Even emperors weren’t spared from the hearty in-app purchase
As the adage says, “Rome wasn’t built in a day.” Not surprising. Every empire is slow to build up the momentum necessary to become a world-dominating force. Unfortunately, Epic Empire: A Hero’s Quest won’t hold up your plans for conquest with strategy or army-building. Instead, the game’s energy system keeps you waiting for ages between fights. Rome wasn’t built in a day, but neither was it built with in-app purchases.
You begin Epic Empire as a wanderer driven out of his homeland by bandits. Tired of running, you resolve to turn around, stand your ground, and give those bandits what for. Gradually, and with the help of friends, you drive pack after pack of outlaws away from their ill-gotten turf. In the place of the wilderness and lawlessness, you place mines, businesses, and other civilized means of generating revenue.
Epic Empire is essentially a battle / building game. The world is shadowed by bandits and evil-doers, and you need to reclaim the darkness. First and foremost, you must fight. To instigate battle, you enter a hostile patch of land and engage the bad guys within. Victory is simply a matter of tapping on the enemy and hoping you deliver the fatal blow before they hack your life bar into nothingness. When everyone’s been driven out, the land is yours for the taking.
Winning fights in Epic Empire has little to do with skill. Numbers are key. When you go up against bandits, victory is only possible if your armor and weapons have been upgraded sufficiently. Upgrading is done by winning loot from fights and then “fusing” the pieces with your equipment. You can also evolve equipment if you find the sufficient ingredients and have coins to spare.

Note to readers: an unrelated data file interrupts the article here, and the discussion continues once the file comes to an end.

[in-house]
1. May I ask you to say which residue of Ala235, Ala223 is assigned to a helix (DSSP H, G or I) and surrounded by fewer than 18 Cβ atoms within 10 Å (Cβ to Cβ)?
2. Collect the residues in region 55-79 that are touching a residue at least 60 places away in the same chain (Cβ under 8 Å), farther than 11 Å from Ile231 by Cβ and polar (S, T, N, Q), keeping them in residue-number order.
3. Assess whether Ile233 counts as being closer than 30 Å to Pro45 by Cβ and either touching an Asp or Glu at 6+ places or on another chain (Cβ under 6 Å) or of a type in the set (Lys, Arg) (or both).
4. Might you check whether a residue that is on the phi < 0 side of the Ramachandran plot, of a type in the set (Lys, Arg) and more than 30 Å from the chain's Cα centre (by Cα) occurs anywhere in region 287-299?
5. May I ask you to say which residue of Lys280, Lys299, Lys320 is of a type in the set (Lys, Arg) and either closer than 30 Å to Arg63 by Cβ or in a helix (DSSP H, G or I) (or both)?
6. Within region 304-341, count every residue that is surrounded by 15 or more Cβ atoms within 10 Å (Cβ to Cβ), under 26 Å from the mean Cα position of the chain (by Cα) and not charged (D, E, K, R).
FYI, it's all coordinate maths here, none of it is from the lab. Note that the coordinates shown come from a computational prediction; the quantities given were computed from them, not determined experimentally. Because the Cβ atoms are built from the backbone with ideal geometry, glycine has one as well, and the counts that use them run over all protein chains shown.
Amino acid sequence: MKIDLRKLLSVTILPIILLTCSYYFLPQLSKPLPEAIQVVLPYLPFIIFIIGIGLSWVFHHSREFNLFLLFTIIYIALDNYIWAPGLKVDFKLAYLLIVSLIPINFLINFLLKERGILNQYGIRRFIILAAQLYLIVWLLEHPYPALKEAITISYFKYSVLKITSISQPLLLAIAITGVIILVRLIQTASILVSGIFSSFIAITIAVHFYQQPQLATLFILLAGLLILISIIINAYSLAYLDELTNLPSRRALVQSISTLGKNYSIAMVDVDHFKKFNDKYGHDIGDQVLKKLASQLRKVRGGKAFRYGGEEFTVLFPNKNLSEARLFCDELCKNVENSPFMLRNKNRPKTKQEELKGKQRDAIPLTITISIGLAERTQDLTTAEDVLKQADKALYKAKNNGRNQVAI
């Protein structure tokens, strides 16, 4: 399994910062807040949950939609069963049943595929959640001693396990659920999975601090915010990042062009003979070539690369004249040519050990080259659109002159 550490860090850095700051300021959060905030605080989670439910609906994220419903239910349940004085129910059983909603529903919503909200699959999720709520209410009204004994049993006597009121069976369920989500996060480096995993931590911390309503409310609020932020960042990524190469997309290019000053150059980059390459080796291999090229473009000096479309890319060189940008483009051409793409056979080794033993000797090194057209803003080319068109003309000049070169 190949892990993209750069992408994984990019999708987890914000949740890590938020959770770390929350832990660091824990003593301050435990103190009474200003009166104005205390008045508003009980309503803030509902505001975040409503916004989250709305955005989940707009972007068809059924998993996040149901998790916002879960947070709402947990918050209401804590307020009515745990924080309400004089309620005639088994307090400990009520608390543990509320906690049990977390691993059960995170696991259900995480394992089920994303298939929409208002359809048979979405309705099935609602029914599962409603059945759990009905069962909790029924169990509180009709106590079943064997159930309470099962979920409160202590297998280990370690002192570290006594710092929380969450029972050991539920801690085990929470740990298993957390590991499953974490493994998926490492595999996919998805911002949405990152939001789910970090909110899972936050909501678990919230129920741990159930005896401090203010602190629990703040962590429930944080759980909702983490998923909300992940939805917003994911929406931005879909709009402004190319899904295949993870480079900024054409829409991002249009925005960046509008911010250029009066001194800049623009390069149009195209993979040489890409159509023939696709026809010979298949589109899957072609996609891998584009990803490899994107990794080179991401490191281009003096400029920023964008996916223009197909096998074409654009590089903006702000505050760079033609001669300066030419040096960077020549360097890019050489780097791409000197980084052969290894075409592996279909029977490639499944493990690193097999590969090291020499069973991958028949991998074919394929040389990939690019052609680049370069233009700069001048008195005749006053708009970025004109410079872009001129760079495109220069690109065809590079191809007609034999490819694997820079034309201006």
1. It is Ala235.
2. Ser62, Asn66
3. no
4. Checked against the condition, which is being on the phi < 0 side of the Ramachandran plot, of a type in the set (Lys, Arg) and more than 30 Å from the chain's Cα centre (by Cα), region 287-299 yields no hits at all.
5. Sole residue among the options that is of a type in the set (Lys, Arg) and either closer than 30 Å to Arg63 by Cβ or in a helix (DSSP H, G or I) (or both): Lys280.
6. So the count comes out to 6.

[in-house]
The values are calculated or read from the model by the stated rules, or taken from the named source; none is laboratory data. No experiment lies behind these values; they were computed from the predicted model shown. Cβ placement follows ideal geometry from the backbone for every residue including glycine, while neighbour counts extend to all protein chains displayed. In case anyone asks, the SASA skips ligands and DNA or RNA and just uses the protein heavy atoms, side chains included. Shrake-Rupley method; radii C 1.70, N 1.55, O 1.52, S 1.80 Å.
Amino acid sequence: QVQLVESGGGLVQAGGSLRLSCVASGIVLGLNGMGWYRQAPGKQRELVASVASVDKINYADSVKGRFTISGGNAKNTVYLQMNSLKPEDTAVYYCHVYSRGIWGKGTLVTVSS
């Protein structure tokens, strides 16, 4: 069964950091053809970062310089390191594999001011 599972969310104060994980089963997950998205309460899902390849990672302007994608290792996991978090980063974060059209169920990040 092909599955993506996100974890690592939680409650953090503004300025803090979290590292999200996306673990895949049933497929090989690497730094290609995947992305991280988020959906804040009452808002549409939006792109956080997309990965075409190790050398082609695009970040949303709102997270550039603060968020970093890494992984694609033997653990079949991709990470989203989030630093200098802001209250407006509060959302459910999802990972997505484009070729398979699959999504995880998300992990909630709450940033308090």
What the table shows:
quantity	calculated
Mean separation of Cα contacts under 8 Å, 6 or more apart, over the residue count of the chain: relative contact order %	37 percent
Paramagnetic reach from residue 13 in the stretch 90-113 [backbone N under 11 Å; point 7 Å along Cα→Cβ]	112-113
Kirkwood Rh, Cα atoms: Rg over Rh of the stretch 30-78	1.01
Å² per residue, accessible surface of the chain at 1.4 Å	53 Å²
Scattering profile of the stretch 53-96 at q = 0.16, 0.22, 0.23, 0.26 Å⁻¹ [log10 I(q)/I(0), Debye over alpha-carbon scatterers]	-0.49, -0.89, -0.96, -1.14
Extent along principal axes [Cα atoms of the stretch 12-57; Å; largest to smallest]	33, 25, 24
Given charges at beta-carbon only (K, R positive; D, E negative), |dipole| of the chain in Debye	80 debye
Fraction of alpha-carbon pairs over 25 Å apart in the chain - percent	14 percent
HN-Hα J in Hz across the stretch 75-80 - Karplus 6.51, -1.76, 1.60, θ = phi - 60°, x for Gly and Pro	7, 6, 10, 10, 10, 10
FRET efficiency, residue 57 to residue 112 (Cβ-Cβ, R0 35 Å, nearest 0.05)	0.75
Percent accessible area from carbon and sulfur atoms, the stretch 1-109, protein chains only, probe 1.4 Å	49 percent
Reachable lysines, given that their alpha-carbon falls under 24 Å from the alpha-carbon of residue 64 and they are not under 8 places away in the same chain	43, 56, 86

Coins are difficult to come by in Epic Empire. Nearly everything you do in the game, from upgrading equipment to attacking bandits, requires coins. Said fees are small at first, but not for long. Your mines and stores produce revenue, albeit slowly. Once you gain a few levels, you discover “playing” Epic Empire is actually a matter of waiting around for your buildings to generate the coins necessary for strengthening your equipment.
And oh, the waiting around you’ll do. Epic Empire utilizes an energy system, a wretched hold-over from the genesis of social gaming. Attacking a group of bandits takes energy. In fact, it takes a lot of energy, and you’re not allotted a bunch to begin with. If you want to recharge, it costs an insane number of starstones, which is the game’s premium currency.
Games that combine world-building and battle can potentially be huge fun (major Actraiser fan over here), but only if the fighting and downtime are carefully balanced. Epic Empire is a blast when you’re allowed to go out and wreck enemies, but most of your time is spent staring at the screen and waiting for your coins and / or energy to pile back up. Better to let this Empire sink back into the shadowy foliage it came from.